Salinity Mitigation in the Murray River System
The problem of salinity and proposals to control or ameliorate it have received increasing attention in Australia in recent years. It is generally agreed that inappropriate land and water management practices, such as the excessive use of irrigation water in hydrologically unsuitable areas, are the main cause of the increasing levels of salinity which have been observed over the period of European settlement. If mitigation works are undertaken without regard to the incentive structures which generate these practices, they may encourage an extension of inappropriate land uses and ultimately be ineffectual or even counterproductive. Analysis of these problems requires consideration of some issues which have so far received limited attention in discussions of salinity. These include the incentives which lead farmers to adopt different land management practices and the way in which institutional structures operate to generate these incentives. This change in focus has important implications for areas of analysis such as modelling. In the present paper, a model of the Murray River system, developed by Quiggin (1988a) is applied to the problem of farm responses to mitigation works and the availability of new technologies.
Volume (Year): 59 (1991)
Issue (Month): 01 (April)
|Contact details of provider:|| Postal: AARES Central Office Manager, Crawford School of Public Policy, ANU, Canberra ACT 0200|
Phone: 0409 032 338
Web page: http://www.aares.info/
More information through EDIRC
References listed on IDEAS
Please report citation or reference errors to , or , if you are the registered author of the cited work, log in to your RePEc Author Service profile, click on "citations" and make appropriate adjustments.:
- Randall, Alan, 1981. "Property Entitlements And Pricing Policies For A Maturing Water Economy," Australian Journal of Agricultural Economics, Australian Agricultural and Resource Economics Society, vol. 25(03), pages -, December.
- Ian D. Hodge, 1982.
"Rights To Cleared Land And The Control Of Dryland‐Seepage Salinity,"
Australian Journal of Agricultural and Resource Economics,
Australian Agricultural and Resource Economics Society, vol. 26(3), pages 185-201, December.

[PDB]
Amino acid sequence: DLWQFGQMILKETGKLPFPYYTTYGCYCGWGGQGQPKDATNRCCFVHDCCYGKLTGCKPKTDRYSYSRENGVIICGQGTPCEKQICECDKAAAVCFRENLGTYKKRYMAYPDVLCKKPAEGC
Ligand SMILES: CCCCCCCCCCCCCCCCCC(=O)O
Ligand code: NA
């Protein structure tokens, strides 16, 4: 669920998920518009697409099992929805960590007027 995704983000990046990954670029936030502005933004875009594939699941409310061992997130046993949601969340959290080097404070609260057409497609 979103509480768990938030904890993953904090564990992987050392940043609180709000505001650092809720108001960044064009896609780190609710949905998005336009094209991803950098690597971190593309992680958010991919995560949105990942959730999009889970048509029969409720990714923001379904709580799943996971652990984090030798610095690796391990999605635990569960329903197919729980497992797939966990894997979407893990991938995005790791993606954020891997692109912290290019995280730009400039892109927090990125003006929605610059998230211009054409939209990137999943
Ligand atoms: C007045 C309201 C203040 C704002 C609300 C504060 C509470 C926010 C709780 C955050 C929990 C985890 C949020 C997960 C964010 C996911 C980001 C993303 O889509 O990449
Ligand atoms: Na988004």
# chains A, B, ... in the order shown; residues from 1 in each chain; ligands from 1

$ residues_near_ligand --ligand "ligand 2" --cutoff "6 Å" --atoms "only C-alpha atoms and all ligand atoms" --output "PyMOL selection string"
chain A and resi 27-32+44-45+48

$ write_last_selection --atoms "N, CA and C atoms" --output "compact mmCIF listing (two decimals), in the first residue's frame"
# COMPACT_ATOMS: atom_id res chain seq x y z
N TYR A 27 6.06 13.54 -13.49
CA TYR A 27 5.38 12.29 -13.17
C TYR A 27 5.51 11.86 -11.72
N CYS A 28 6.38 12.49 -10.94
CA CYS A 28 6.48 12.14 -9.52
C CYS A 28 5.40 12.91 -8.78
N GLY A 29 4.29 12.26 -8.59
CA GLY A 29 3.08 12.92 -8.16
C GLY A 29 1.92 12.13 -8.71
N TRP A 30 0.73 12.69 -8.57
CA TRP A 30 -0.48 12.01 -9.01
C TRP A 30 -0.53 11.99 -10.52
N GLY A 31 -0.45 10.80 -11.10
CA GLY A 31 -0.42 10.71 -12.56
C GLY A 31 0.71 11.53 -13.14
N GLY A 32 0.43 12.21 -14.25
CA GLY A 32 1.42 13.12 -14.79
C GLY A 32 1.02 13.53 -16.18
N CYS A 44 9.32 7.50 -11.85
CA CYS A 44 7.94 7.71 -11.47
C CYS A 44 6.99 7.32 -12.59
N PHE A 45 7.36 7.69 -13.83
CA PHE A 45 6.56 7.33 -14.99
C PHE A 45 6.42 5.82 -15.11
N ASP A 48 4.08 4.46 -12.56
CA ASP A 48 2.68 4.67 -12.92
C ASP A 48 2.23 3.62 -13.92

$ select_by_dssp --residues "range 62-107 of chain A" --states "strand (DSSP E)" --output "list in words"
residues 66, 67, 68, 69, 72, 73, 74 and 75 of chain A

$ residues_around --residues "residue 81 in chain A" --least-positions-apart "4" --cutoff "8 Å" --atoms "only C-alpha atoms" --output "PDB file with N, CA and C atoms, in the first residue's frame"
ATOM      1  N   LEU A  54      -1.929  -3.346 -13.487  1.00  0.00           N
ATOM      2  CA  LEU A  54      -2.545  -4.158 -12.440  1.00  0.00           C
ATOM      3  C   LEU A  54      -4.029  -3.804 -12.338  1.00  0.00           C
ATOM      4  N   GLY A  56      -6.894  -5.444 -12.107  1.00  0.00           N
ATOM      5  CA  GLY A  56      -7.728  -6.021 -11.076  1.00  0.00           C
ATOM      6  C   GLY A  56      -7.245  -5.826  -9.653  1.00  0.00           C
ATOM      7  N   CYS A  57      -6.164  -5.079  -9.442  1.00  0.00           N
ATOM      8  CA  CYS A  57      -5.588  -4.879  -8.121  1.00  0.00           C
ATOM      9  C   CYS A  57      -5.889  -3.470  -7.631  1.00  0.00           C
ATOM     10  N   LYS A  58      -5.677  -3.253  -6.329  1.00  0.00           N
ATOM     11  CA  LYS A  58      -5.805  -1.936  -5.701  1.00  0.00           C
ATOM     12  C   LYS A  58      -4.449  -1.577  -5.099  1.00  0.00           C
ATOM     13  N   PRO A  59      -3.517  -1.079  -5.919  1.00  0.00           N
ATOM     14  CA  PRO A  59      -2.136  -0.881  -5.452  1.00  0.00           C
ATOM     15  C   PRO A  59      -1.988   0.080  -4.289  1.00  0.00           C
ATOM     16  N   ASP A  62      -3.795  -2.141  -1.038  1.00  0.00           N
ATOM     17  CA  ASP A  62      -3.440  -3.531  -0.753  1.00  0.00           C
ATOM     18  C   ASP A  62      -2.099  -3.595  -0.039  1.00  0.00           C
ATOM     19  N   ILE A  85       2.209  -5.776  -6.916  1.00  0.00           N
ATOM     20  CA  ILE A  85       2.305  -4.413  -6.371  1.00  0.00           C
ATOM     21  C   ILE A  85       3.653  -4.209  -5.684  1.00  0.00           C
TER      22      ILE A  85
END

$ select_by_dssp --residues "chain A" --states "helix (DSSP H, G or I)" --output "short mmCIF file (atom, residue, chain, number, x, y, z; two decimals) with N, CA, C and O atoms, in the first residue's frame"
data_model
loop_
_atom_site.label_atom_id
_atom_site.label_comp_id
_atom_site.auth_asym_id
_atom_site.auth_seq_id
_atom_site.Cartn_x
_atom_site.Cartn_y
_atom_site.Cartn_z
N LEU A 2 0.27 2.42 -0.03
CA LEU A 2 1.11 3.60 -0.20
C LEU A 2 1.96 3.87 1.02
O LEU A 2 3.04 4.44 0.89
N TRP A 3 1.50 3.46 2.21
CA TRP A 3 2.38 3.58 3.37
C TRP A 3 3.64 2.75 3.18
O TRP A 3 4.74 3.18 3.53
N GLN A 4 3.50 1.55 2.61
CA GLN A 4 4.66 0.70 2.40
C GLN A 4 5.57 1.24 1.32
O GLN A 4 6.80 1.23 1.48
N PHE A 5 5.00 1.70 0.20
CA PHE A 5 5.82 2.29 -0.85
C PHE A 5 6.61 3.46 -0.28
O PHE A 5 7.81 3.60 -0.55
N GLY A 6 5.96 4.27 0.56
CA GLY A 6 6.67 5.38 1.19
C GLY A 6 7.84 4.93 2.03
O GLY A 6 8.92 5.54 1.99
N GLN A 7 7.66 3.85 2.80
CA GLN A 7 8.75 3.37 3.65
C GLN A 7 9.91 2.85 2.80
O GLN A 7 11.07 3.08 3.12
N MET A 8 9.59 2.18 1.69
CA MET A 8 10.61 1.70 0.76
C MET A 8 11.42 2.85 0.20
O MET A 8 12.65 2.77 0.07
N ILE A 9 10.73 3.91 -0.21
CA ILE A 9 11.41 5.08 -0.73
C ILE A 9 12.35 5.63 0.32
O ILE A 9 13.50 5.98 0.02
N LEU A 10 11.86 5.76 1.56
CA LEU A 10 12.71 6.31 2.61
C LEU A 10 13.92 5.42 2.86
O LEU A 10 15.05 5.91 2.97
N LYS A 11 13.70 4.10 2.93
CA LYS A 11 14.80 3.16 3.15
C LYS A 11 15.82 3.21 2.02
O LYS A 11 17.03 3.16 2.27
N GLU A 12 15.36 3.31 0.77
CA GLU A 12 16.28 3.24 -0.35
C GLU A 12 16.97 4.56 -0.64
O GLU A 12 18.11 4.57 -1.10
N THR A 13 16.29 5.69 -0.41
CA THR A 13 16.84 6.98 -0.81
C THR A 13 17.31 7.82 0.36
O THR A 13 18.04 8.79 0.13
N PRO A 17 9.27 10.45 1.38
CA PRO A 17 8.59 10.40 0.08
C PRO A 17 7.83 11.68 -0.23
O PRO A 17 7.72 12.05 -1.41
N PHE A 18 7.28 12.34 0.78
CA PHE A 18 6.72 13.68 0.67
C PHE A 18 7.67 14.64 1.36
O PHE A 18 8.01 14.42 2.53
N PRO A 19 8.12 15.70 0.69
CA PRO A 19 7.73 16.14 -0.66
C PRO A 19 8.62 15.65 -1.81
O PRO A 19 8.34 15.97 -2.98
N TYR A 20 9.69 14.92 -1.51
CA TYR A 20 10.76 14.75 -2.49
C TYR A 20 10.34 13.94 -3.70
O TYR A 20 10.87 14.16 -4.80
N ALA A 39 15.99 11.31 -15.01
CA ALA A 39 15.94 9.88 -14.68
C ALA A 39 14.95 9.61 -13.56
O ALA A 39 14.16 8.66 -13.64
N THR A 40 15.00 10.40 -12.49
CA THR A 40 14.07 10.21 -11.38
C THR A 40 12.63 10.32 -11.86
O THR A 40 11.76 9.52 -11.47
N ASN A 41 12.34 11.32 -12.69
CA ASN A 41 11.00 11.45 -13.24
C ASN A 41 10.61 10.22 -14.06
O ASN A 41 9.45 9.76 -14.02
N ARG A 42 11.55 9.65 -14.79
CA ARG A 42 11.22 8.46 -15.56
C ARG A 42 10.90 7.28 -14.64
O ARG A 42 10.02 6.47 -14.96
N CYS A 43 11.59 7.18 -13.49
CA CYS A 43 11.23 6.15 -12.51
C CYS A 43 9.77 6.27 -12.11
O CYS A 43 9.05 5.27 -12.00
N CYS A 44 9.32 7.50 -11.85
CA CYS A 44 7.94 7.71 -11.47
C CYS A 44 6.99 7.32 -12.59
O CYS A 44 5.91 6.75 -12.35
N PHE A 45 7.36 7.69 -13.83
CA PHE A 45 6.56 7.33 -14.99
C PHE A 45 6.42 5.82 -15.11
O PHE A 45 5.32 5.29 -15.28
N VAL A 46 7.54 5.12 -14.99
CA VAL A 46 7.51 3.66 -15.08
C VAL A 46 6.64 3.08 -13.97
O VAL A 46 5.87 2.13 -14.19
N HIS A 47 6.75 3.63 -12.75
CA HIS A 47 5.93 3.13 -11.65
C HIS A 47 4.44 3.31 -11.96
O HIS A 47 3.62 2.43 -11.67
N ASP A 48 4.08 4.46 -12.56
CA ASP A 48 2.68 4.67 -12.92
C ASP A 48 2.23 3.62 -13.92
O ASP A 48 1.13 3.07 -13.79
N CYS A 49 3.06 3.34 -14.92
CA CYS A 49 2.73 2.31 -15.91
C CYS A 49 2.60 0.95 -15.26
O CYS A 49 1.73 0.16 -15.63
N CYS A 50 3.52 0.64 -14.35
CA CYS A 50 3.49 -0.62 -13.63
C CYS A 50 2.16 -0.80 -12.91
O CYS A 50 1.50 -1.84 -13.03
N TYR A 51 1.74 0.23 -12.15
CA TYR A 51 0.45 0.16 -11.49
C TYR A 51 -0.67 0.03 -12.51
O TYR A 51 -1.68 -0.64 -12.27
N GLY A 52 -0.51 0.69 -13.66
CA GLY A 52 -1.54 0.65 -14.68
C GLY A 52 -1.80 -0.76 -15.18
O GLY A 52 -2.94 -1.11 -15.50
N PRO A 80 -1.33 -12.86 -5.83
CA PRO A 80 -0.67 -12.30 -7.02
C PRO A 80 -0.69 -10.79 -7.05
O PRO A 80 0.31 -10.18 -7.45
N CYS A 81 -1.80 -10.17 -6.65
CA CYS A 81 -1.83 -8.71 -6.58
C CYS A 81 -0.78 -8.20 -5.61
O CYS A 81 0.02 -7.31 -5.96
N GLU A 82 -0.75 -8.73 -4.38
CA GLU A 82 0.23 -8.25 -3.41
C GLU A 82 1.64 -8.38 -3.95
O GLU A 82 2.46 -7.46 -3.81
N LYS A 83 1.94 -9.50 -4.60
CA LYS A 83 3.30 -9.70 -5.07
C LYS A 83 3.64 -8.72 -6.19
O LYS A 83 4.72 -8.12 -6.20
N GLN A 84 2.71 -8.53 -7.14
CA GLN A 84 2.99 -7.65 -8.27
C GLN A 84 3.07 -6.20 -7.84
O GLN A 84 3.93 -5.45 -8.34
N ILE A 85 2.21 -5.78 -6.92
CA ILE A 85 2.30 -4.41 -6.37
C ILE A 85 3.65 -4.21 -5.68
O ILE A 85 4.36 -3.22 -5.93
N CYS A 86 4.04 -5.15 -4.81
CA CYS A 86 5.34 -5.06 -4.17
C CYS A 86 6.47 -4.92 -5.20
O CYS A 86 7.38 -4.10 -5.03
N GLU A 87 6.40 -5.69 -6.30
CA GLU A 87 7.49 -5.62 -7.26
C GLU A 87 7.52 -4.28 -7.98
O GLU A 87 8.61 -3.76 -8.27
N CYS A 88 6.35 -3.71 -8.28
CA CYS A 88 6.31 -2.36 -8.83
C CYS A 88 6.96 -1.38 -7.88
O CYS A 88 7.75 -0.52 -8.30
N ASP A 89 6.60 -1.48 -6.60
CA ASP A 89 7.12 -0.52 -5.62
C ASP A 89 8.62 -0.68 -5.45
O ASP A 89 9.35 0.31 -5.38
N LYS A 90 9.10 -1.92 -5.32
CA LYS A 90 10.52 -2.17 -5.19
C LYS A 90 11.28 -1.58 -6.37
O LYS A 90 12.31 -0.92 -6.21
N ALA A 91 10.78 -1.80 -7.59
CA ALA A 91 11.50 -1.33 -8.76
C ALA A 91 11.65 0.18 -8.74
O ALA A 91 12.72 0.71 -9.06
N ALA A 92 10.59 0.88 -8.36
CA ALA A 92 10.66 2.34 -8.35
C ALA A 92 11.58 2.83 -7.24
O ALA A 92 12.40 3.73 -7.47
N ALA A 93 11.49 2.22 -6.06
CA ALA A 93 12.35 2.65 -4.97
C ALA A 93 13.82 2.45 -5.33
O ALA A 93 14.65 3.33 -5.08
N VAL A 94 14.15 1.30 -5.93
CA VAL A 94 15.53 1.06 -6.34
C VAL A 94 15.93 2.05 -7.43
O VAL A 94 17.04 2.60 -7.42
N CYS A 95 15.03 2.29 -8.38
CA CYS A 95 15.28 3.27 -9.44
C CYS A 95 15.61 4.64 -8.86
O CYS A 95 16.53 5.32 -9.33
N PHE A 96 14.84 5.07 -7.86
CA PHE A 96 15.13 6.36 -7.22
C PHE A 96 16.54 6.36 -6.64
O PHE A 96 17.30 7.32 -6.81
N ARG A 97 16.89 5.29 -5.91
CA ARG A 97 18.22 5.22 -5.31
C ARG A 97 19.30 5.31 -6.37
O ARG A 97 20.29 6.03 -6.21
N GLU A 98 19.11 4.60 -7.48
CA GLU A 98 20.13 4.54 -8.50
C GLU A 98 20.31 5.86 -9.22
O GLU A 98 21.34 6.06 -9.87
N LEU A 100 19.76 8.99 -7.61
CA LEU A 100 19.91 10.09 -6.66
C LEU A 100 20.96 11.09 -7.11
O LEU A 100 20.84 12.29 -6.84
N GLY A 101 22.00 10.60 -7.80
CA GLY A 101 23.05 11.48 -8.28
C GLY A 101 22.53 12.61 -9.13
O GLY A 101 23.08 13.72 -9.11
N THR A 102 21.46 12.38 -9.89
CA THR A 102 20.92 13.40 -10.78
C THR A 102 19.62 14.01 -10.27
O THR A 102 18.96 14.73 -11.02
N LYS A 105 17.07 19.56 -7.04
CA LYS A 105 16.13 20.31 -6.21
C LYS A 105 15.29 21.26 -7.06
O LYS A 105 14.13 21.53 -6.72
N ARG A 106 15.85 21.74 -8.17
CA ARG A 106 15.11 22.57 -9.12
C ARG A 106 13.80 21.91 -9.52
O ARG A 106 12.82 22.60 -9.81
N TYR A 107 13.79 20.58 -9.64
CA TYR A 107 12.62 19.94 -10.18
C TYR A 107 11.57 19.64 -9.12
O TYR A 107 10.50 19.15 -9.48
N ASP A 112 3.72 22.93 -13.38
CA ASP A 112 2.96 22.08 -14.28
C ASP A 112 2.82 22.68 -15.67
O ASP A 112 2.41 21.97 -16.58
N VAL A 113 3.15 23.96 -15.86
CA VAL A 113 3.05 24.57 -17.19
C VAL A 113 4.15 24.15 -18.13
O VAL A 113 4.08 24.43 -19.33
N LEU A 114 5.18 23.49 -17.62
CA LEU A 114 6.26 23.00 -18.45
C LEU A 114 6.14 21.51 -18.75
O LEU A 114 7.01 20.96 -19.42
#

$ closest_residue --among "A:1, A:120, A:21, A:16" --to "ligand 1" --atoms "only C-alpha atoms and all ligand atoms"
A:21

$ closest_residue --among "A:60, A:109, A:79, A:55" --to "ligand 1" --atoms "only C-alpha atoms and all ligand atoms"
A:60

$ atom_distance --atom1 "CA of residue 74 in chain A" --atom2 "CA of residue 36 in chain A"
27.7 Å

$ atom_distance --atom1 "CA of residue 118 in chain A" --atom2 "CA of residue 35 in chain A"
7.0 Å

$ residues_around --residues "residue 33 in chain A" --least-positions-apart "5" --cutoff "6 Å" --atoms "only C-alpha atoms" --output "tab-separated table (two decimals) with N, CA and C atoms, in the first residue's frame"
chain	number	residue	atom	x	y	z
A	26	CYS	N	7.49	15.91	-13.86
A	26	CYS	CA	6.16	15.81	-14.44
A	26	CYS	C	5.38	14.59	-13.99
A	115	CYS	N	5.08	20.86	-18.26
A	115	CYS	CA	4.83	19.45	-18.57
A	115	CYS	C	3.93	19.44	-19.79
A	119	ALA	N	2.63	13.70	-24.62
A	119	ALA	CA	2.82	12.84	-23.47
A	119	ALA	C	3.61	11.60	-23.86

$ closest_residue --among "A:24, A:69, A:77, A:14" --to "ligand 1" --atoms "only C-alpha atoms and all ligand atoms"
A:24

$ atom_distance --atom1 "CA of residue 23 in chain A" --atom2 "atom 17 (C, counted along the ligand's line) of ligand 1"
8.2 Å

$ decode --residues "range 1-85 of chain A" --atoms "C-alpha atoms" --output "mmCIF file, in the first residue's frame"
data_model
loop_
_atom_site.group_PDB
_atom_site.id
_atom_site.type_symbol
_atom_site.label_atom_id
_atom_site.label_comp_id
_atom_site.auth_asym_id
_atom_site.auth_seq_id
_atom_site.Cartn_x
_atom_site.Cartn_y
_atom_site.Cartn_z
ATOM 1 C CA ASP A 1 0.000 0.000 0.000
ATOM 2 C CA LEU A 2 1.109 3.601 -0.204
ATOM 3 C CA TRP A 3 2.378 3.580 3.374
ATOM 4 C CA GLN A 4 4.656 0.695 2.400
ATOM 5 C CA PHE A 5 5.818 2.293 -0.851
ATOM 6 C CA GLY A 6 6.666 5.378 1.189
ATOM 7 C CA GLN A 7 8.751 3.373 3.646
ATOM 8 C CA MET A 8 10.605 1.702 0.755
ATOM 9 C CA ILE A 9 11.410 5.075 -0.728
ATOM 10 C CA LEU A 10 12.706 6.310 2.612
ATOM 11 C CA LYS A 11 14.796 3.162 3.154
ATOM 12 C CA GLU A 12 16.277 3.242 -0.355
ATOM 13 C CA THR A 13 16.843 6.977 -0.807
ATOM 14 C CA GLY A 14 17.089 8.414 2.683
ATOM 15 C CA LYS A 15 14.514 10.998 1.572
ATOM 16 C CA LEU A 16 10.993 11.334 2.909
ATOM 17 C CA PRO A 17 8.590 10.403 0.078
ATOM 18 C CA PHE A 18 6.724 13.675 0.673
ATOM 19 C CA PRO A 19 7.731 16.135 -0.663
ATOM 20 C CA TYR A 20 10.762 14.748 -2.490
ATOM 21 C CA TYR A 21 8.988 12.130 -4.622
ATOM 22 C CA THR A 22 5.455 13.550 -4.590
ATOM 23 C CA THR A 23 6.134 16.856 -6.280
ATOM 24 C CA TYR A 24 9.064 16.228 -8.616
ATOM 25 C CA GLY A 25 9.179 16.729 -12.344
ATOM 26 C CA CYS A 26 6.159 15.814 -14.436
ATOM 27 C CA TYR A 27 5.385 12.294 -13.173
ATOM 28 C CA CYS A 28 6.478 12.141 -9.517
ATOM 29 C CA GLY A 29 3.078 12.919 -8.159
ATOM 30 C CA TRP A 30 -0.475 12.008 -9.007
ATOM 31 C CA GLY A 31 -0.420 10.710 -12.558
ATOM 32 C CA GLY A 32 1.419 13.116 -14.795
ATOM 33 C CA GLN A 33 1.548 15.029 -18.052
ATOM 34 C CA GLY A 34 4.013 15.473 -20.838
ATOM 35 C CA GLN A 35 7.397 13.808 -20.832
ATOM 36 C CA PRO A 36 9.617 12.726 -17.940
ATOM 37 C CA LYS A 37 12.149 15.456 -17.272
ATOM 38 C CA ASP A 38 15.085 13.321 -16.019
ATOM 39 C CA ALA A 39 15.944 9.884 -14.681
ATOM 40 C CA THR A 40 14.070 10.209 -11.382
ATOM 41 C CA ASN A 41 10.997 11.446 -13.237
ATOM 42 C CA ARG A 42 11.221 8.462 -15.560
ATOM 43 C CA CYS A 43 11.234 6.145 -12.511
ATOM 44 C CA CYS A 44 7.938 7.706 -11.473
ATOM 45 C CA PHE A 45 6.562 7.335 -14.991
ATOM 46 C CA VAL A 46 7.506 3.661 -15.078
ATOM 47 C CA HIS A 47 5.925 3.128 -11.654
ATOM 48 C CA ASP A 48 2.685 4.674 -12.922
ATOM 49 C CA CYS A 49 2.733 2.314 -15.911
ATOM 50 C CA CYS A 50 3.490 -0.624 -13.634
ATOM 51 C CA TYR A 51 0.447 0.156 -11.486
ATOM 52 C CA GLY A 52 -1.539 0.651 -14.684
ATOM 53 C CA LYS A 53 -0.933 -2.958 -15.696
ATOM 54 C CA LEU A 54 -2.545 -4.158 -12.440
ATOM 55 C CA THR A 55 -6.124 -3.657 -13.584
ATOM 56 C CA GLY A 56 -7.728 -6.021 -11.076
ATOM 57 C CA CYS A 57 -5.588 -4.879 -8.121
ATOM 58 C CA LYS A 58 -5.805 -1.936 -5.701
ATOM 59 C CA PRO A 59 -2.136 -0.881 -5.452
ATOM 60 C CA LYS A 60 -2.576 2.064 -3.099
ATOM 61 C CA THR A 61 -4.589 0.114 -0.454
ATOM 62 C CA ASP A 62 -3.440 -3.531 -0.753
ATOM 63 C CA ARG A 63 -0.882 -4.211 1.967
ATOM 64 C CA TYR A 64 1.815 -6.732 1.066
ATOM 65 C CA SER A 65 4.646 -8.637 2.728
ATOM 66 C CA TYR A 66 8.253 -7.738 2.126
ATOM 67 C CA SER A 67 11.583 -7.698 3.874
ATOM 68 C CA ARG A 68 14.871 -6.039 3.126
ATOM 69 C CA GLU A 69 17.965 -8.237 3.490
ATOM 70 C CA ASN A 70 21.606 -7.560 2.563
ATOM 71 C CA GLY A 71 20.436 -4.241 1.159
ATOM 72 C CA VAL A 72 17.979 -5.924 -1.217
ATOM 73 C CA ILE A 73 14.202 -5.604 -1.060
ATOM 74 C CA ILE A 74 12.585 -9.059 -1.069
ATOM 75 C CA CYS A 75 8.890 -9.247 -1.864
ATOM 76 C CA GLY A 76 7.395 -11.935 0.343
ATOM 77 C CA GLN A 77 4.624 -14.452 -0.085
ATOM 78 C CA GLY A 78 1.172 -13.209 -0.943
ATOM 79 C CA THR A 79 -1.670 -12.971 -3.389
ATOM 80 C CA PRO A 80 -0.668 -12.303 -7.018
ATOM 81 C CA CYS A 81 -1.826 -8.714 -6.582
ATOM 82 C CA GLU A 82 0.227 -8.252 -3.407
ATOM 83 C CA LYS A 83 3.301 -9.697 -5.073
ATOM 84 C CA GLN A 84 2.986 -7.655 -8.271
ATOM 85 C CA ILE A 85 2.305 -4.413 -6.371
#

- Hodge, Ian D., 1982. "Rights To Cleared Land And The Control Of Dryland-Seepage Salinity," Australian Journal of Agricultural Economics, Australian Agricultural and Resource Economics Society, vol. 26(03), pages -, December.
- Quiggin, John C., 1986.
"Common Property, Private Property And Regulation The Case Of Dryland Salinity,"
Australian Journal of Agricultural Economics,
Australian Agricultural and Resource Economics Society, vol. 30(02-03), pages -.
- John C. Quiggin, 1986. "Common Property, Private Property And Regulation The Case Of Dryland Salinity," Australian Journal of Agricultural and Resource Economics, Australian Agricultural and Resource Economics Society, vol. 30(2-3), pages 103-117, 08-12.
- Quiggin, John, 2012.
"The Economics of New Media,"
Risk and Sustainable Management Group Working Papers
151528, University of Queensland, School of Economics.
When requesting a correction, please mention this item's handle: RePEc:ags:remaae:12458. See general information about how to correct material in RePEc.
For technical questions regarding this item, or to correct its authors, title, abstract, bibliographic or download information, contact: (AgEcon Search)
If you have authored this item and are not yet registered with RePEc, we encourage you to do it here. This allows to link your profile to this item. It also allows you to accept potential citations to this item that we are uncertain about.
If references are entirely missing, you can add them using this form.
If the full references list an item that is present in RePEc, but the system did not link to it, you can help with this form.
If you know of missing items citing this one, you can help us creating those links by adding the relevant references in the same way as above, for each refering item. If you are a registered author of this item, you may also want to check the "citations" tab in your profile, as there may be some citations waiting for confirmation.
Please note that corrections may take a couple of weeks to filter through the various RePEc services.